St Thomas Medical Group
Infection Prevention and Control (IPC) Annual Statement 2017-2018
This annual statement will be generated each year. It will summarise:
- Any infection transmission incidents and action taken (these will be reported in accordance with our Significant Event procedure)
- The annual infection control audit and actions undertaken
- Control risk assessments undertaken
- Details of staff training
- Details of infection control advice to Patients
- Any review and update of policies, procedures and guidelines
St Thomas Medical Group Lead for Infection Prevention and Control is Dr Lorna Coleman, she is supported by Mrs Heather Baker RGN (Practice Nurse) and Practice Manager.
St Thomas Medical Group ensures compliance with “The Code of Practice for the Prevention and Control of Infection and Related Guidance (Hygiene Code) DOH 2010.
This team will keep updated on infection control and share necessary information with staff and patients throughout the year.
The practice has regular quarterly meetings whereby any significant or critical events are discussed.
In the past year (1/1/16 – 1/1/17) there have been no Significant Events raised that related to infection control.
An extensive audit was undertaken by the IPC lead (Dr Lorna Coleman) and IPC Link Practitioner (Heather Baker RGN) using the Care Setting Process Improvement tool.
All areas of the St Thomas Health Centre will be audited and an action plan for improvements will be produced. The completed audit sheets will be stored in the IPC file and the audit will be repeated in March 2018.
During 2016 the IPC Link Nurses at Exwick and the Student Health Centres carried out their annual IPC audits. This resulted in a few updates at the Student Health Centre but a substantial amount of work was carried out at Exwick to bring it in line with current CQC standards. As a Medical Group we are very pleased with the improvements.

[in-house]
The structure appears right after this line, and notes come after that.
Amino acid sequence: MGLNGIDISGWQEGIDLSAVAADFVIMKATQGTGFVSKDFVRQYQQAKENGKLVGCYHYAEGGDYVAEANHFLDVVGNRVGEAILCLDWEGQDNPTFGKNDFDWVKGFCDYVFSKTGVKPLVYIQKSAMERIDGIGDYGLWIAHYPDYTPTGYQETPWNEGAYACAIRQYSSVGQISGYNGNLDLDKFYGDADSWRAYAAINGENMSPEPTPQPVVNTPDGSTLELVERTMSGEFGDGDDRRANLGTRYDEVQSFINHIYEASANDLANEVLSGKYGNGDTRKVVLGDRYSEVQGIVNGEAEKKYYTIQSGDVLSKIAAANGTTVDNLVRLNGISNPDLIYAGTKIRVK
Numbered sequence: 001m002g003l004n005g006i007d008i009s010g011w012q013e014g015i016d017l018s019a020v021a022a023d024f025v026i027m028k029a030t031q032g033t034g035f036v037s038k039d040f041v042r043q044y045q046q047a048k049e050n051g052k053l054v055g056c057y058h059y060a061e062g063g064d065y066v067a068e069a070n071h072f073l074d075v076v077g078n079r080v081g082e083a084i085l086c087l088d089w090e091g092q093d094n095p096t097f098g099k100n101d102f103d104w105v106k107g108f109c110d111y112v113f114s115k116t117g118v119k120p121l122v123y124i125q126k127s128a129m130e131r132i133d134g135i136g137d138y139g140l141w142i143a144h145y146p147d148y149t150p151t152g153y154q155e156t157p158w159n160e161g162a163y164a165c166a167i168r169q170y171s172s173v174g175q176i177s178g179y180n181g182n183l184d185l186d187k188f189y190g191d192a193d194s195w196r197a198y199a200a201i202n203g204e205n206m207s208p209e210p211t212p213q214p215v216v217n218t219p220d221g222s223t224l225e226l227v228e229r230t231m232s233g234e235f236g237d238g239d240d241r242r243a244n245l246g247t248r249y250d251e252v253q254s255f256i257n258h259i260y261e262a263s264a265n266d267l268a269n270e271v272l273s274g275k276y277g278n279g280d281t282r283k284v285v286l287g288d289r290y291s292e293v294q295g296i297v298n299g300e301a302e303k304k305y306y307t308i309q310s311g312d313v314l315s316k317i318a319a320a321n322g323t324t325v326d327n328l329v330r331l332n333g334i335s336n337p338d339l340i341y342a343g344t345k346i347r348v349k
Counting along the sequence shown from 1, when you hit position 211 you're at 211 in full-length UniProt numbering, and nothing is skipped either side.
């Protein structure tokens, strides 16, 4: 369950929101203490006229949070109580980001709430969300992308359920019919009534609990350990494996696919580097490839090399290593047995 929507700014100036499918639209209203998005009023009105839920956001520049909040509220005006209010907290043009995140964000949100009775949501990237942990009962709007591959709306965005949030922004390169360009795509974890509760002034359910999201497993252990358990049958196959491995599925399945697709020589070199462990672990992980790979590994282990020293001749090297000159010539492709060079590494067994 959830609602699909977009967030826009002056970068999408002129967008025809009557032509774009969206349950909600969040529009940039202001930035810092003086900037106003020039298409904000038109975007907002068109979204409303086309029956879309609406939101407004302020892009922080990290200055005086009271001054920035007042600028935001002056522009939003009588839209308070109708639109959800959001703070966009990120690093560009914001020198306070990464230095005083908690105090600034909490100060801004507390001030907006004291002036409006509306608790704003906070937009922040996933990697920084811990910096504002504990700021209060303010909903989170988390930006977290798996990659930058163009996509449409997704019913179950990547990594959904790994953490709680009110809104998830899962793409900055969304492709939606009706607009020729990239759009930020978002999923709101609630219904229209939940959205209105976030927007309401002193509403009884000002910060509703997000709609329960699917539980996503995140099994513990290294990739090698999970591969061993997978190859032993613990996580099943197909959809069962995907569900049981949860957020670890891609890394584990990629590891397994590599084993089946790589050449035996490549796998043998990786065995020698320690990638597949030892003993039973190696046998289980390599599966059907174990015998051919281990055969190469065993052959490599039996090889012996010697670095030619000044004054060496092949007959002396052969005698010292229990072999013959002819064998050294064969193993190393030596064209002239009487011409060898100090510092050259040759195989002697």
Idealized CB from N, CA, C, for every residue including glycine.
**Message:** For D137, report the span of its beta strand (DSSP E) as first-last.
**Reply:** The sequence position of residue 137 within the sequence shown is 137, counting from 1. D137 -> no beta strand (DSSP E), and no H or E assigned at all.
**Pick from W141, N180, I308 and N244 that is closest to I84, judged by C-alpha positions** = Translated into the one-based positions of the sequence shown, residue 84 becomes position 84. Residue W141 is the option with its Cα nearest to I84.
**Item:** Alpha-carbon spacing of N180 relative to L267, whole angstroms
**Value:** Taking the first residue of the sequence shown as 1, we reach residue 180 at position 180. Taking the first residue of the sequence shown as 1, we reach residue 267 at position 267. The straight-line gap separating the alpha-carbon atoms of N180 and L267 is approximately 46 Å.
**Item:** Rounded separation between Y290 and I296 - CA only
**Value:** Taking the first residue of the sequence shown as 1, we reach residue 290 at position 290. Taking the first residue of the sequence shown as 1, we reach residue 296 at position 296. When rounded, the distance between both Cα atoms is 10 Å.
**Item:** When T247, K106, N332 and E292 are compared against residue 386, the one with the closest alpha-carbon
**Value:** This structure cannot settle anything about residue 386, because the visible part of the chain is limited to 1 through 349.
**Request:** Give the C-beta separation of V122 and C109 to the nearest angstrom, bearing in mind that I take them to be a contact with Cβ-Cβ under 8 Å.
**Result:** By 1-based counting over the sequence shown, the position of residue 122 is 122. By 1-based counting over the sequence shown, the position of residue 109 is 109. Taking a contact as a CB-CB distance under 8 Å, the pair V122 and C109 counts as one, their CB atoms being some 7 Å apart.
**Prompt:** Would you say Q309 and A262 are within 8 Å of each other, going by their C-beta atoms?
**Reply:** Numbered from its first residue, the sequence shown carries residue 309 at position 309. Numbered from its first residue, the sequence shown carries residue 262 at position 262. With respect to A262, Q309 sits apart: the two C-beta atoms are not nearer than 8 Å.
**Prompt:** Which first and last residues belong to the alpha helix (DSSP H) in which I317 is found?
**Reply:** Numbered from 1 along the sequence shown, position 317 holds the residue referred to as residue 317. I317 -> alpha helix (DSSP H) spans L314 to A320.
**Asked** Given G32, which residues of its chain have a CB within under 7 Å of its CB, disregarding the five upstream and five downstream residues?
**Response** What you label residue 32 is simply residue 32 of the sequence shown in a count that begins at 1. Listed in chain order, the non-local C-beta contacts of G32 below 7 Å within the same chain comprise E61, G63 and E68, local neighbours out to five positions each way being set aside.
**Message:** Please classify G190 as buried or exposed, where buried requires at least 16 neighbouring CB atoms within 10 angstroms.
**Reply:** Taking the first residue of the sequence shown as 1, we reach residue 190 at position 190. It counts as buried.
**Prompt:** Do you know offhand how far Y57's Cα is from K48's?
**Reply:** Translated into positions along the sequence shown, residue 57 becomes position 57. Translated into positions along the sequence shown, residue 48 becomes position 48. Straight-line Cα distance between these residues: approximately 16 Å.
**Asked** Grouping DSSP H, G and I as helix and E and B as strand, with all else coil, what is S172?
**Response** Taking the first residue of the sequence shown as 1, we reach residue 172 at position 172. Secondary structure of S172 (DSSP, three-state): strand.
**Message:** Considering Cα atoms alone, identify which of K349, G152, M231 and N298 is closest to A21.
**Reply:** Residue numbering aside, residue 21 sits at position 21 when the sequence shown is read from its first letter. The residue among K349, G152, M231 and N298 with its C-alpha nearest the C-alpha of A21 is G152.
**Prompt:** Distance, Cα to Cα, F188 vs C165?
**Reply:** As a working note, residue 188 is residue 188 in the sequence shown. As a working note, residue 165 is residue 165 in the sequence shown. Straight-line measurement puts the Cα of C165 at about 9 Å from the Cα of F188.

Every year practice policies and procedures are reviewed by the practice IPC team to ensure compliance with best practice.
We aim to share information with our patients and a copy of this Annual Statement will be published on our practice website. We will notify patients of any seasonal outbreaks via a notice board in the waiting room and on our website.
Regular risk assessments are undertaken to minimise the risk of infection and to ensure the safety of patients and staff. The following risk assessments relating to infection control have been completed in the past year and appropriate actions have been taken.
- Children’s Toys: Toys can be a useful distraction for children waiting in the waiting room and also in consulting rooms as an aid to relax young patients or distract them when a parent is having a consultation. NHS cleaning specifications recommends weekly cleaning of toys. It was decided that only a small number of wipeable plastic toys should be kept in consulting rooms, these will be kept in a small plastic toy box. In the waiting area fixed bead table toys would only be provided. Waiting room toys are cleaned daily (after each surgery by reception staff) and consulting room toys will be cleaned weekly by the relevant clinician using Clinell wipes. We are currently trialling the removal of all toys from the consulting rooms due to time difficulties involved in the cleaning of these toys. The risk of toys harbouring germs is quite high so we would advise parents to bring in their childs own toy to play with as necessary.